How Can I Trust You When…?

“You say that you wanted to raise these concerns directly with me because we agreed to be upfront with each other.

But I know that you have been talking about it behind my back. How can I trust you?”

Is that scenario something that you can remotely relate to or is it a scene from a science fiction movie?

Trust is an essential ingredient of healthy team dynamics. We all know this and yet many of us still engage in trust busting behaviour.

Why do we risk breaching the trust when we know its negative impact?


We say negative things about others behind their backs because we feel we can get away with it. We tell our "confidants" things about people that we won't say to their faces and figure that it will not get back to the individuals.


In high trust environment, individuals are alerted to what is going on behind their backs and the purveyor of information is asked to go and share the feedback to the person's face.


We are socialized to be sensitive to the feelings of others. We refrain from saying things that might hurt their feelings.

This has prompted a tendency towards dissimulation. More accurately, we choose to live a lie rather than risk conflict.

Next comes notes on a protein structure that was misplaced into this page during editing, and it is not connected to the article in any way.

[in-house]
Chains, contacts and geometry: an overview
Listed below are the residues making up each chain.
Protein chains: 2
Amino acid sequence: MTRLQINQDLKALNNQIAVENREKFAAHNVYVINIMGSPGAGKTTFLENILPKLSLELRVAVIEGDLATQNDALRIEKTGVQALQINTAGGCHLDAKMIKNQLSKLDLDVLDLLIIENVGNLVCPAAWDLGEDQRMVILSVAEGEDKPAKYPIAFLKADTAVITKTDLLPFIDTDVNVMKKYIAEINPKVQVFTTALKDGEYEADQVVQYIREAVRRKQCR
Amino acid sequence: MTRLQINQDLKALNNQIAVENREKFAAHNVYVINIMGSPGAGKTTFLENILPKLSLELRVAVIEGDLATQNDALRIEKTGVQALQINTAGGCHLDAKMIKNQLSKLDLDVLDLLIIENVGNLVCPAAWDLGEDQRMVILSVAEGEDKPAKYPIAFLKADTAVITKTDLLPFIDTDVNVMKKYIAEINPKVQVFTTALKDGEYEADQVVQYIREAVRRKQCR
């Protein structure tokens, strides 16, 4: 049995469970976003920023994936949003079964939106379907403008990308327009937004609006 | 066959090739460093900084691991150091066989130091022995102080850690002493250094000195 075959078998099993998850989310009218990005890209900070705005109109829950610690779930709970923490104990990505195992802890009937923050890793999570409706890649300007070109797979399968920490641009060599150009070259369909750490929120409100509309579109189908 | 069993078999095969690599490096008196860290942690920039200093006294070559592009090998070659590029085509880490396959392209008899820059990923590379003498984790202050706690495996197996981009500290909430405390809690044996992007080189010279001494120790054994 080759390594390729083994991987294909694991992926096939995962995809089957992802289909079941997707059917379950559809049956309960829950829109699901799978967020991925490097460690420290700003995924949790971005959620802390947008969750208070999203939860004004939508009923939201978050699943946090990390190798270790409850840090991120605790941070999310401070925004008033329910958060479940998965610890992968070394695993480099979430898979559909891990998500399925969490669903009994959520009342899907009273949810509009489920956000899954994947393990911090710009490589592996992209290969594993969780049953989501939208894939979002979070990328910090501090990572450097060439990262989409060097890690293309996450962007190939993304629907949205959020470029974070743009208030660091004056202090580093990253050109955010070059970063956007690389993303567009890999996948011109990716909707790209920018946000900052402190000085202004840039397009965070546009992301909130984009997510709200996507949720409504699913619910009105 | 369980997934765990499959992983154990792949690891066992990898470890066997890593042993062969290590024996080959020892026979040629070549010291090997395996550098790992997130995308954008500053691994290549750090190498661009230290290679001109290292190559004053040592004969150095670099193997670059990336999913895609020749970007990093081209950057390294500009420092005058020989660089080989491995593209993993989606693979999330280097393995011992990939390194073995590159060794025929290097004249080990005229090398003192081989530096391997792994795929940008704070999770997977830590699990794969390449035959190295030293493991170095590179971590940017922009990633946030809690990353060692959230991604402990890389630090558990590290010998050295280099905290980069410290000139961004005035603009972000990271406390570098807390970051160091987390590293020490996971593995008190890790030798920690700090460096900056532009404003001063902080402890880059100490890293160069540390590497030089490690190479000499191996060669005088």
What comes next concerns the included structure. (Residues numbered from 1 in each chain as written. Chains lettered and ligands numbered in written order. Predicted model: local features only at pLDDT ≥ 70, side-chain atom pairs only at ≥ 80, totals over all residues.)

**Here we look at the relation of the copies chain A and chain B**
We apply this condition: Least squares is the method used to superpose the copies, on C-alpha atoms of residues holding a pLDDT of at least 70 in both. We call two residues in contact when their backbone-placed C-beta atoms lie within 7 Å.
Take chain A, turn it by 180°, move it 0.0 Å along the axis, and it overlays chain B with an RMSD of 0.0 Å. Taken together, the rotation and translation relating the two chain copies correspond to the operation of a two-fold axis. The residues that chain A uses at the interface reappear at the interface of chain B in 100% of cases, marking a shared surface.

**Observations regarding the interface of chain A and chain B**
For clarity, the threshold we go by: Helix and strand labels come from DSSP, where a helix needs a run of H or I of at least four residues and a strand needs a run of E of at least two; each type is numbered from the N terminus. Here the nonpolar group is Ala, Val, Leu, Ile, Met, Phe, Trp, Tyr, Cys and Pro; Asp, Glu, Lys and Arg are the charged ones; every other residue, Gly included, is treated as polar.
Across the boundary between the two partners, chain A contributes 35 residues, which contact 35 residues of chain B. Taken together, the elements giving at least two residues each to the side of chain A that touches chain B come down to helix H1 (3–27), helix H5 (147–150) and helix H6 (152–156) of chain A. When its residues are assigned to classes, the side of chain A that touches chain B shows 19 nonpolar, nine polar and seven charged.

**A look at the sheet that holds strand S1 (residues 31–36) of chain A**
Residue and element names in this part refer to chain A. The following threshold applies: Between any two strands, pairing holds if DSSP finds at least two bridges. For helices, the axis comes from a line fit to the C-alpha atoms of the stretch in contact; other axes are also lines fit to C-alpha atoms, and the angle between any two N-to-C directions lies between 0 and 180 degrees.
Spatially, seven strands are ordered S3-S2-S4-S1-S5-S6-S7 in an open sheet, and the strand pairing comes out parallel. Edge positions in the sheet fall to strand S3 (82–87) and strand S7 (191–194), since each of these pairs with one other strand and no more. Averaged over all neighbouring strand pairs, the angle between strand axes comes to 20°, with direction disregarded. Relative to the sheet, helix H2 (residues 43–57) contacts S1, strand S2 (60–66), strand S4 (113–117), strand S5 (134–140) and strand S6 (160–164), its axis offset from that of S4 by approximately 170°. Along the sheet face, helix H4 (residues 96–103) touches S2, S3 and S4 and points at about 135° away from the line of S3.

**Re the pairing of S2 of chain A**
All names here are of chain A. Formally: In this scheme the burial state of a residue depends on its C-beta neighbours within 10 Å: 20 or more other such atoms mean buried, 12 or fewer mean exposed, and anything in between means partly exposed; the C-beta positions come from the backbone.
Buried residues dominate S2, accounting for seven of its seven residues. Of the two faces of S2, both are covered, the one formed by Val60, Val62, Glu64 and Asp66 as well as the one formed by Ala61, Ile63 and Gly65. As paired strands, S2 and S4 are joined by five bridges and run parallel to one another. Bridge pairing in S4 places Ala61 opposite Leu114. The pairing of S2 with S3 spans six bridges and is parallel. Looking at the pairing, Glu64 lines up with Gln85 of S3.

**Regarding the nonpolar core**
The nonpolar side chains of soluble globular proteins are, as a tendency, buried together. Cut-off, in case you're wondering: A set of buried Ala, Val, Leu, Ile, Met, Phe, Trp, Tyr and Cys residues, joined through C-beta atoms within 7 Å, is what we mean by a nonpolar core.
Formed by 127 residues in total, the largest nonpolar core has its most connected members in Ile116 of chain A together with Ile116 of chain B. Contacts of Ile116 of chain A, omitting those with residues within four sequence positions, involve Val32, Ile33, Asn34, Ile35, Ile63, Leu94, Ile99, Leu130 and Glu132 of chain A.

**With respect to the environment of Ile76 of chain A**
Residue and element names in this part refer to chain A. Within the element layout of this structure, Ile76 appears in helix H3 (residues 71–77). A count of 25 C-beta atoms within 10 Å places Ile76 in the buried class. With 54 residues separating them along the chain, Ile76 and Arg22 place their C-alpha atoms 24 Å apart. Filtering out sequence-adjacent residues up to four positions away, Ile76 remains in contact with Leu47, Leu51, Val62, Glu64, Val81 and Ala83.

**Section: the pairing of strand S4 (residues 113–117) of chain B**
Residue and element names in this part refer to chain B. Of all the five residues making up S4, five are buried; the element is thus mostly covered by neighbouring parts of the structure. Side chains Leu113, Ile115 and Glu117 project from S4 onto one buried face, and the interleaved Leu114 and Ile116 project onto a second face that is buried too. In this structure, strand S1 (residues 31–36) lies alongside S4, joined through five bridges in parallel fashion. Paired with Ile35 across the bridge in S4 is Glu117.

Our socialization also includes precedence for downloading top of mind issues on a friend or colleague.

That ratchets up the vicious circle where we hide important feedback from individuals but share it with others.


"MISCHIEF" covers a multitude of behavioural sins. Jealousy, dislike arising from any number of factors, race, gender, age and the list goes on.

People say things behind our backs routinely. And what is being said is not always to put us in a good light. These are not necessarily glowing reports of how wonderful we are!



When you are invited to listen remember that your name is also on that very tongue. Direct them to give the feedback to the ears that should be hearing what they have to share.


Sometimes people spend much time in environments in which it is the norm to talk about people behind their backs in negative ways.

Help is needed.

You who know better could quietly pull individuals aside and share the negative effects of the practice on team dynamics and performance.

Explain the benefits of living in a high trust environment in which there can be frank exchanges without recrimination or guilt.


What if more of us made a consistent effort to seek out and accept feedback?

What if no matter how well we think a presentation went, we were still open to accepting feedback as to how we could tweak it for greater impact in the future?

What if our body language and expressions did not betray the fact that we did not appreciate the feedback?

One individual can make a difference – be that person!